Summary of the safety profile: Data from two phase 3 and two phase 2 clinical studies in migraine were pooled to evaluate the safety of Pasurta in comparison to placebo up to 12 weeks after treatment initiation.
There were a total of 2656 patients (1613 Pasurta and 1043 placebo) in these studies. Of these, 893 subjects received 70 mg dose of Pasurta and 507 subjects received 140 mg dose of Pasurta.
The overall safety population including ongoing open label extension phases with Pasurta includes 2537 patients (2310.3 patient years) who received at least one dose of Pasurta: 2066 patients were exposed for at least 6 months and 1213 patients were exposed for at least 12 months.
Tabulated summary of adverse drug reactions: Table 7 summarizes all adverse reactions that occurred in Pasurta-treated patients during the 12-week placebo-controlled period of the pooled trials. Most of the Adverse Drug Reactions (ADR's) were mild or moderate in severity.
Frequency is provided by CIOMS category (e.g., Very Common (≥ 10%), Common (≥ 1% and < 10%), uncommon (≥ 0.1% and < 1%), rare (≥ 0.01% and < 0.1%), very rare (< 0.01%)). (See Table 7.)
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Description of selected adverse reactions: Injection site reactions: In the integrated 12-week placebo-controlled period of studies, in subjects treated with Pasurta the most frequent injection site reactions were injection site pain, injection site erythema, and injection site pruritus. A majority of injection site reactions were Grade 1 in severity (mild) and transient. Injection site pain typically subsided within 1 hour after administration. One subject treated with Pasurta 70 mg SC discontinued due to injection site rash and no subject treated with Pasurta 140 mg SC discontinued due to injection site reactions in the 12-week placebo-controlled period of studies.
Constipation: In the integrated 12-week placebo-controlled period of studies, 28 cases of constipation were reported out of 1400 Pasurta-treated patients. All were mild or moderate severity. A majority of the cases (23) had onset within one month after the first dose; however, some patients also presented with constipation later on in treatment. In most cases (18), constipation resolved within three months. All but one case continued treatment.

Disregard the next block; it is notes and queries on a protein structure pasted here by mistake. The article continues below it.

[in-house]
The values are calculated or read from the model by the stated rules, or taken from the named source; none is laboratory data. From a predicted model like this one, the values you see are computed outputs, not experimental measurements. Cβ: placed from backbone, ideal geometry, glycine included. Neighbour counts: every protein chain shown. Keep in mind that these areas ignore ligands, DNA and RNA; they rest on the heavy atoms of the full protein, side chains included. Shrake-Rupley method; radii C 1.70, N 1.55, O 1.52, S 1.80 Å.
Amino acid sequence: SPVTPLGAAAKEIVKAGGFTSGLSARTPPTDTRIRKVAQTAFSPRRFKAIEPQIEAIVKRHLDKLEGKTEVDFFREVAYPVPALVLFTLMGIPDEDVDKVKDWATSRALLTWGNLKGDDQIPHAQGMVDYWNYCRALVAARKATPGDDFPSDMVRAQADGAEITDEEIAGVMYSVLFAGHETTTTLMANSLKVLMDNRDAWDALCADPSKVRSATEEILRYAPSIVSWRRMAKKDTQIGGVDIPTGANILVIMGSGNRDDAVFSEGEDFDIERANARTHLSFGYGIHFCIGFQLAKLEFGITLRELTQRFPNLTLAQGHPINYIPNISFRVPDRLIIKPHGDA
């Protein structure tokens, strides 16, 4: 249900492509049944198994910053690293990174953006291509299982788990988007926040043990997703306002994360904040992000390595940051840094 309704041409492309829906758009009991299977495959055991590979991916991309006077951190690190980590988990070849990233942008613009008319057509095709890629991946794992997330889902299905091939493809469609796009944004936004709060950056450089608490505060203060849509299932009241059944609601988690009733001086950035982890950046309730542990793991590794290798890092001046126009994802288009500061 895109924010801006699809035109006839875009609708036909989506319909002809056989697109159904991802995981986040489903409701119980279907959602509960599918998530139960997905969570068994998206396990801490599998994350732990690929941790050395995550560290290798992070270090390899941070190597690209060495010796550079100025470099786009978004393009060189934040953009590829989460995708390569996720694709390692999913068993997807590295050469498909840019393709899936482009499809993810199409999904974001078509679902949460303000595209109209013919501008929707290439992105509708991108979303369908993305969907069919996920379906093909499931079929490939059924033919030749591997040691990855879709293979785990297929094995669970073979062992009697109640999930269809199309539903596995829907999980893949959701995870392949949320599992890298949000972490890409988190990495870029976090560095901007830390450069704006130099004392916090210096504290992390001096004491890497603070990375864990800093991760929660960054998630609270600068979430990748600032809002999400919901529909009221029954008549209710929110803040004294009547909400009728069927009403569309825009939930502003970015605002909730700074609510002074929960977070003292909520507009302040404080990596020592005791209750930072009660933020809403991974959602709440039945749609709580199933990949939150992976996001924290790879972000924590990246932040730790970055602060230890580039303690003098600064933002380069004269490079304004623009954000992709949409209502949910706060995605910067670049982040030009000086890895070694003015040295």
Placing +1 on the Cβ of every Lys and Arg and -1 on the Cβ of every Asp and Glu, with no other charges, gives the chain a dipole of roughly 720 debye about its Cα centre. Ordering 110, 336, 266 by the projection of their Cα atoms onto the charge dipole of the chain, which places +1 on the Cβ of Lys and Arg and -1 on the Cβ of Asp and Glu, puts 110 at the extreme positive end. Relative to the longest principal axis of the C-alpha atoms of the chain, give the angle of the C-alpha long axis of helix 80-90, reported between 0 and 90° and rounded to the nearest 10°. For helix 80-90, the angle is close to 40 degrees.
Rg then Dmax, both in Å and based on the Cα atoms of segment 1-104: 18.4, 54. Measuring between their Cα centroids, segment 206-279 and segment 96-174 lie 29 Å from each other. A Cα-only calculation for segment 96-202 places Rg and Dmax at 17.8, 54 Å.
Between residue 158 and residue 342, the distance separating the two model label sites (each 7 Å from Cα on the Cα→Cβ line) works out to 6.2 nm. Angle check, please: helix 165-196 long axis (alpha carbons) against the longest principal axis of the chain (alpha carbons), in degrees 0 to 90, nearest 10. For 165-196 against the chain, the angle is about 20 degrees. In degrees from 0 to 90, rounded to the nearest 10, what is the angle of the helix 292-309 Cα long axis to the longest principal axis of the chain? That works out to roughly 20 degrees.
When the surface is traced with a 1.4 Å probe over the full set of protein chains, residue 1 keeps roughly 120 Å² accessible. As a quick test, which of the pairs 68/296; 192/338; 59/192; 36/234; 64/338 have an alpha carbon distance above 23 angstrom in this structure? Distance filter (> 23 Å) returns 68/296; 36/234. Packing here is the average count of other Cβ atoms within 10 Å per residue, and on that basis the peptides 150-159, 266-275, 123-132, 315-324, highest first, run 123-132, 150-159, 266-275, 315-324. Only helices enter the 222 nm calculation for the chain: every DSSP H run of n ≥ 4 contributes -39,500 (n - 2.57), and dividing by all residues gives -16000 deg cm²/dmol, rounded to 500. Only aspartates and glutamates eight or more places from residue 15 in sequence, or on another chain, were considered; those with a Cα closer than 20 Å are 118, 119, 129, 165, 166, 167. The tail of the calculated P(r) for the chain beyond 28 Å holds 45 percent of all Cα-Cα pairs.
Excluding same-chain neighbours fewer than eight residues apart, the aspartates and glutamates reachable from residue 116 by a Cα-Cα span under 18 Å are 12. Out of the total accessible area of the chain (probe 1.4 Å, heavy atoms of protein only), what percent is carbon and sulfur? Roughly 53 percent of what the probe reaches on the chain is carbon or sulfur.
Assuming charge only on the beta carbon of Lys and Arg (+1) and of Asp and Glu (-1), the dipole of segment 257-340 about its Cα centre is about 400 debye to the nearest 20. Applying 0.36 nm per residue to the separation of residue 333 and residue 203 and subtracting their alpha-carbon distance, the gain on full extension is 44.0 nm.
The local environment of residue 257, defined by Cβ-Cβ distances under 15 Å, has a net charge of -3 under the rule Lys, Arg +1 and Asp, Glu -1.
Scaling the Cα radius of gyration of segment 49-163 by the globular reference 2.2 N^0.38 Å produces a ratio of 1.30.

Post-Marketing Experience: Immune system disorders: Hypersensitivity reactions including rash, angioedema and anaphylactoid reactions [see PRECAUTIONS].
Gastrointestinal disorders: Constipation with serious complications [see PRECAUTIONS].
Oral sores (e.g., stomatitis, mouth ulceration, oral mucosal blistering).
Skin and subcutaneous tissue disorders: Alopecia, Rash (e.g., rash papular, exfoliative rash, rash erythematous, urticaria, blister).
Immunogenicity: As with all therapeutic proteins, there is potential for immunogenicity. The immunogenicity of Pasurta has been evaluated using an immunoassay for the detection of binding anti-erenumab antibodies. For patients whose sera tested positive in the screening immunoassay, an in vitro biological assay was performed to detect neutralizing antibodies.
In the four migraine prophylaxis efficacy studies [20120178, 20120295, 20120296 and 20120297], the incidence of anti-erenumab antibody development during the double-blind treatment phase was 6.3% (56/884) among subjects receiving the 70 mg dose of Pasurta (three of whom had in-vitro neutralizing activity) and 2.6% (13/504) among subjects receiving 140 mg dose of Pasurta (none of whom had in-vitro neutralizing activity). There was no impact of anti-erenumab antibody development on efficacy or safety of erenumab.
The incidence of anti-drug antibodies (ADAs) is highly dependent on the sensitivity and specificity of the assay. Additionally, the observed incidence of antibody (including neutralizing antibody) positivity in an assay may be influenced by several factors, including assay methodology, sample handling, timing of sample collection, concomitant medications, and underlying disease. For these reasons, comparison of the incidence of antibodies to erenumab with the incidence of antibodies to other products may be misleading.